Venezuela opposition set terms for talks with president

President Nicolas Maduro (4th from right), Vice-President Jorge Arreaza (2nd from right) and Foreign Minister Elias Jaua (right) hold a meeting with foreign ministers from across South America in Caracas on 7 April, 2014 Nicolas Maduro (6th from left) accepted the Unasur proposal for dialogue with the opposition

A coalition of Venezuelan opposition parties says it is willing to enter into talks with the government as long as certain conditions are met.

The meeting was proposed by foreign ministers of the Unasur regional group to put an end to two months of anti-government protests.

Venezuelan President Nicolas Maduro had earlier agreed to take part.

It is not yet clear though whether his government will agree to the terms demanded by the opposition.

'True dialogue'

In a letter addressed to the Unasur delegation, the umbrella opposition group Table for Democratic Unity (MUD) said it was "willing to hold a true dialogue, with a clear agenda, equal conditions [for both sides] and the first meeting of which will be transmitted live on national radio and television channels".

A demonstrator takes part in a protest against Venezuelan President Nicolas Maduro in Caracas on 6 April, 2014 The Unasur delegation is in Venezuela in an attempt to end two months of sometimes violent street protests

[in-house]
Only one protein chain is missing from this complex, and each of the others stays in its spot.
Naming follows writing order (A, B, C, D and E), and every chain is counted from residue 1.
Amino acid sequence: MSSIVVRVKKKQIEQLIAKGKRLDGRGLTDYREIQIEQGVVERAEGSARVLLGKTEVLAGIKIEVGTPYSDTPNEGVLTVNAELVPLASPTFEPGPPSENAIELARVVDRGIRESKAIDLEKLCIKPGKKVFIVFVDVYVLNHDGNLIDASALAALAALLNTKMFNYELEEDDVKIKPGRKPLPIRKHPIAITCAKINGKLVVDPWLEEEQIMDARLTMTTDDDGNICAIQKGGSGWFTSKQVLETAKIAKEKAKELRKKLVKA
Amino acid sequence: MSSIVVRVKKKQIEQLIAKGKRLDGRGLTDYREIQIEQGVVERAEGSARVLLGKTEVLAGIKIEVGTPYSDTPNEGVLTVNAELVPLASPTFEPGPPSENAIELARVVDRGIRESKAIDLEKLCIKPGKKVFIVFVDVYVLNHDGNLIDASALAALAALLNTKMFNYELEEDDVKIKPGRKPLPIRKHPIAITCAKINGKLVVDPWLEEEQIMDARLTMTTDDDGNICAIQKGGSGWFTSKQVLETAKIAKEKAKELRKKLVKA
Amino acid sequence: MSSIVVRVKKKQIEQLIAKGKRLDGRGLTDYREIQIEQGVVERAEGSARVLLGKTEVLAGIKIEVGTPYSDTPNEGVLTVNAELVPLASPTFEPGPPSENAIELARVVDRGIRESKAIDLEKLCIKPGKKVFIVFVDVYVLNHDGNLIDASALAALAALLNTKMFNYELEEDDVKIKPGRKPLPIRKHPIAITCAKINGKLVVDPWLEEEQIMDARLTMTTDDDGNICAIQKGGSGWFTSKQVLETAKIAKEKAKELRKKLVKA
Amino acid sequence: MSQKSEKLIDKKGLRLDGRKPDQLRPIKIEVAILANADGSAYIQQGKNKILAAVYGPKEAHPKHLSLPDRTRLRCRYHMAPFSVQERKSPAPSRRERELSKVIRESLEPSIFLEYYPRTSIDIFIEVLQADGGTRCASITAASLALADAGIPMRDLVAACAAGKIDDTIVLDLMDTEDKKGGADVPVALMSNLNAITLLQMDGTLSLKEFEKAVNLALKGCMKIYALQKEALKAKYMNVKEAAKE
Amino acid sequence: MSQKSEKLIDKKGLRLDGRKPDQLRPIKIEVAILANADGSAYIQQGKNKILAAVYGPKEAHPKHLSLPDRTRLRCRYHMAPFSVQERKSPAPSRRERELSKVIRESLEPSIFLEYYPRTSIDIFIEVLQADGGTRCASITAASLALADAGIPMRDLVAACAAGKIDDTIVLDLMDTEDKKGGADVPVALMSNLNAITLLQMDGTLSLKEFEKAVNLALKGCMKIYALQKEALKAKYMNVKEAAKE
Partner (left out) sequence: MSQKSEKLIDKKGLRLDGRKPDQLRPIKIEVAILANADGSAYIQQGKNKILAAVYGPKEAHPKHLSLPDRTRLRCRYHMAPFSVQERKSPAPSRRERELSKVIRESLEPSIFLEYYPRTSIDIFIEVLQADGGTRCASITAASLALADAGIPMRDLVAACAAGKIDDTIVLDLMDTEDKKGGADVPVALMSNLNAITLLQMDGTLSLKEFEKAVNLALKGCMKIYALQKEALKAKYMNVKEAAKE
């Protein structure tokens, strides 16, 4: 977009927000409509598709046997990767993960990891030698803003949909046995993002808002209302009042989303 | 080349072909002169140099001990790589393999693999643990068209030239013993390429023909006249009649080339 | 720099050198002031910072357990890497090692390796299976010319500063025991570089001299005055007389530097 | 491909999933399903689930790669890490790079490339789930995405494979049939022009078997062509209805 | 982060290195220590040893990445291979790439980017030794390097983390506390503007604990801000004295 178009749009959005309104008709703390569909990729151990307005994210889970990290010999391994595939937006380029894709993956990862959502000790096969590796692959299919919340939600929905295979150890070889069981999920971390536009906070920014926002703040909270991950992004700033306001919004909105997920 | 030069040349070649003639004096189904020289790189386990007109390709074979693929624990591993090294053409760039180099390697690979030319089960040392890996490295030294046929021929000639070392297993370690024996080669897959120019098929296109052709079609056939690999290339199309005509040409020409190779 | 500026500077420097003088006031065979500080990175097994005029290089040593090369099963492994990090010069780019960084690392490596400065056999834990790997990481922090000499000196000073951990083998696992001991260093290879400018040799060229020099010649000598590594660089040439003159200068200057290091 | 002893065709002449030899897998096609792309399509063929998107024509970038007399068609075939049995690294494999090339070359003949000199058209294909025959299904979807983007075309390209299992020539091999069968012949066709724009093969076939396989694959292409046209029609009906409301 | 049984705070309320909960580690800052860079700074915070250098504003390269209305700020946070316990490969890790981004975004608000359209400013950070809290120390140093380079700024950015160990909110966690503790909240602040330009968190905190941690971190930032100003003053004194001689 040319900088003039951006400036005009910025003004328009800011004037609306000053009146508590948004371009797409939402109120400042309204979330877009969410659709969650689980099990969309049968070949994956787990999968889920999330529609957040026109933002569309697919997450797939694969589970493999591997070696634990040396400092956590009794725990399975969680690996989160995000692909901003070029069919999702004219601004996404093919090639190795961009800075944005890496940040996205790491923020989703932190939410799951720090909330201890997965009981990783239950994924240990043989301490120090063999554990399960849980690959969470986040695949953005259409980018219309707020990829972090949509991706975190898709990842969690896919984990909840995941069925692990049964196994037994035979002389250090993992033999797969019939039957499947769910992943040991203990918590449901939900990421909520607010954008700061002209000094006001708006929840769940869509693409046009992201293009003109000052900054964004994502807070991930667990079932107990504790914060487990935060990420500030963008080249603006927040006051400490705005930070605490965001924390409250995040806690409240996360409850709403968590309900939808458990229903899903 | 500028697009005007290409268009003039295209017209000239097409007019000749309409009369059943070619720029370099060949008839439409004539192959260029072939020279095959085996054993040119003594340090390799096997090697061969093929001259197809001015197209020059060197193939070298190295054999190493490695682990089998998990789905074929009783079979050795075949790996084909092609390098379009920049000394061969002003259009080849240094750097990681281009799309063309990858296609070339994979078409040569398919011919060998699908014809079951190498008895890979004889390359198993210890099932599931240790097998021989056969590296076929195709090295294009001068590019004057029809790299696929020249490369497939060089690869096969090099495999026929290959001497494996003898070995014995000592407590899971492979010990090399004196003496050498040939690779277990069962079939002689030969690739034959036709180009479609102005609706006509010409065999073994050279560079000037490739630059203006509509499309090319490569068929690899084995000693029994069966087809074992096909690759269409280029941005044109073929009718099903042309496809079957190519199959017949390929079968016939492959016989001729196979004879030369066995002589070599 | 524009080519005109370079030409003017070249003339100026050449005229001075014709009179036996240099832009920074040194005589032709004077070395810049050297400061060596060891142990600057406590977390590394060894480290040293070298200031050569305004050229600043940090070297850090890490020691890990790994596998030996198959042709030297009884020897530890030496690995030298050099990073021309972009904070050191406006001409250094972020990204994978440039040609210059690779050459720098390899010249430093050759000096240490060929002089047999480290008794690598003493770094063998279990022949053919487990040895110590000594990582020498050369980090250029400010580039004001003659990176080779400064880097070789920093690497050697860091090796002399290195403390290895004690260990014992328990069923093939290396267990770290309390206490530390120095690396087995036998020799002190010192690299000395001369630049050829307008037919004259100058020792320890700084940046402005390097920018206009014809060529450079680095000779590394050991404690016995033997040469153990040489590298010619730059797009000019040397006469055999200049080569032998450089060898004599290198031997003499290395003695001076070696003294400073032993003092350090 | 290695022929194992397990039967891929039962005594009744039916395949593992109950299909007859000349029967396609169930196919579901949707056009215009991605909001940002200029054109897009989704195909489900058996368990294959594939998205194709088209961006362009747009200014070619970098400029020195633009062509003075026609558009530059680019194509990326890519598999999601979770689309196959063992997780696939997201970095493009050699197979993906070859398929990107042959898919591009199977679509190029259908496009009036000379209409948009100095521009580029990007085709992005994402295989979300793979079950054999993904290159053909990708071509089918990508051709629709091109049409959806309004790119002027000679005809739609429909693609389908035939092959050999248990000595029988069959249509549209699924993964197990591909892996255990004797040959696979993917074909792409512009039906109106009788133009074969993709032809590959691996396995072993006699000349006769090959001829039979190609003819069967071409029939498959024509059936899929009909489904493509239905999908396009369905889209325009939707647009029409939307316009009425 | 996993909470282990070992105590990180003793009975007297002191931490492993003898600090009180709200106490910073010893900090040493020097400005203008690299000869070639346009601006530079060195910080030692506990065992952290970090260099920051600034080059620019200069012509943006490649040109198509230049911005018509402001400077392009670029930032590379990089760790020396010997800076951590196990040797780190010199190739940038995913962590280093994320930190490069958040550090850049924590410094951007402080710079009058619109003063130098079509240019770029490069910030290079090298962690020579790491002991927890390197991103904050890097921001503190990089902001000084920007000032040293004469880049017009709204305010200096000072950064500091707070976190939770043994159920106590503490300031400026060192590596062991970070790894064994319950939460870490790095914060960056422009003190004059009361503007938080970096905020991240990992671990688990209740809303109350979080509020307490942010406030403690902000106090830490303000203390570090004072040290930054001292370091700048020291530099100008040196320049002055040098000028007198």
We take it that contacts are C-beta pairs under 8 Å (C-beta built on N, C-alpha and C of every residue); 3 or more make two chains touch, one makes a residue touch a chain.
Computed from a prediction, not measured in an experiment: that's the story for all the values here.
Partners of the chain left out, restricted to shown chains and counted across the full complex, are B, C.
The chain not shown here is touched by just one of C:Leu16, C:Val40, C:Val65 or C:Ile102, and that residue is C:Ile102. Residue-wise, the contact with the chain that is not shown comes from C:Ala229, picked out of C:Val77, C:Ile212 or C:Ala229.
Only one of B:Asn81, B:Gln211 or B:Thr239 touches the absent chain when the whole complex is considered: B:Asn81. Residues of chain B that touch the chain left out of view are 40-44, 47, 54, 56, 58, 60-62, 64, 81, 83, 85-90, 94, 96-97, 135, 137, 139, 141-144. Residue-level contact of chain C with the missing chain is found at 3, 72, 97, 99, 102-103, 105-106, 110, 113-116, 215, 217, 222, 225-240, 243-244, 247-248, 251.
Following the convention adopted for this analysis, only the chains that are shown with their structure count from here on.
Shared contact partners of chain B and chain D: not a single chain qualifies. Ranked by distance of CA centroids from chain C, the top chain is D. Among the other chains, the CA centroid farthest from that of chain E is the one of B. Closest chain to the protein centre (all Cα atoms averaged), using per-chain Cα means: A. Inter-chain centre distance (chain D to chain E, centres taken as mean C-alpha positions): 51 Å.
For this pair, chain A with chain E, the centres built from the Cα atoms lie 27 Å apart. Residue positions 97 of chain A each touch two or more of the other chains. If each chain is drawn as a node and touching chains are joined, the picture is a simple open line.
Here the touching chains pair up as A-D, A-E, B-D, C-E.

MUD Executive Secretary Ramon Guillermo Aveledo said the opposition said the presence of an independent arbiter would also be "indispensable to guarantee, facilitate and, if necessary, mediate".

He said that third party would have to be agreed on by and be acceptable to the government and the opposition.

Mr Aveledo also welcomed offers made last month by Unasur and the Vatican to act as observers.

But he complained that the government had not yet extended an official invitation to a Vatican representative, whose presence he said would be "essential".

Earlier, President Maduro said he "accepted" the Unasur proposal for dialogue and pointed out that he had been calling for such talks for the past eight weeks.

On 26 February, the opposition refused to attend a "National Peace Conference" convened by President Maduro saying that the government was acting in bad faith.

International mediation

The Unasur ministers are in the capital, Caracas, for talks aimed at trying to end violent protests which have left 39 people dead over the past two months.

Venezuela's national police fire tear gas at anti-government protesters during riots in Caracas on 6 April, 2014 At least 39 people, including protesters and National Guard members, have died in protest-related violence

The protests started in early February with demonstrators demanding an end to Venezuela's high crime rate, its growing inflation and shortages of certain food staples.

They have since spiralled into a wide opposition movement and many of the protesters say they will not stop until the government of President Maduro resigns.

It is the second visit by the Unasur delegation to Venezuela in two weeks.

After meeting the foreign ministers of Argentina, Brazil, Bolivia, Colombia, Chile, Ecuador, Surinam and Uruguay, President Maduro said he was optimistic that talks with the opposition could go ahead on Tuesday.

But the government has not yet made a statement following the conditions set forth by the opposition.

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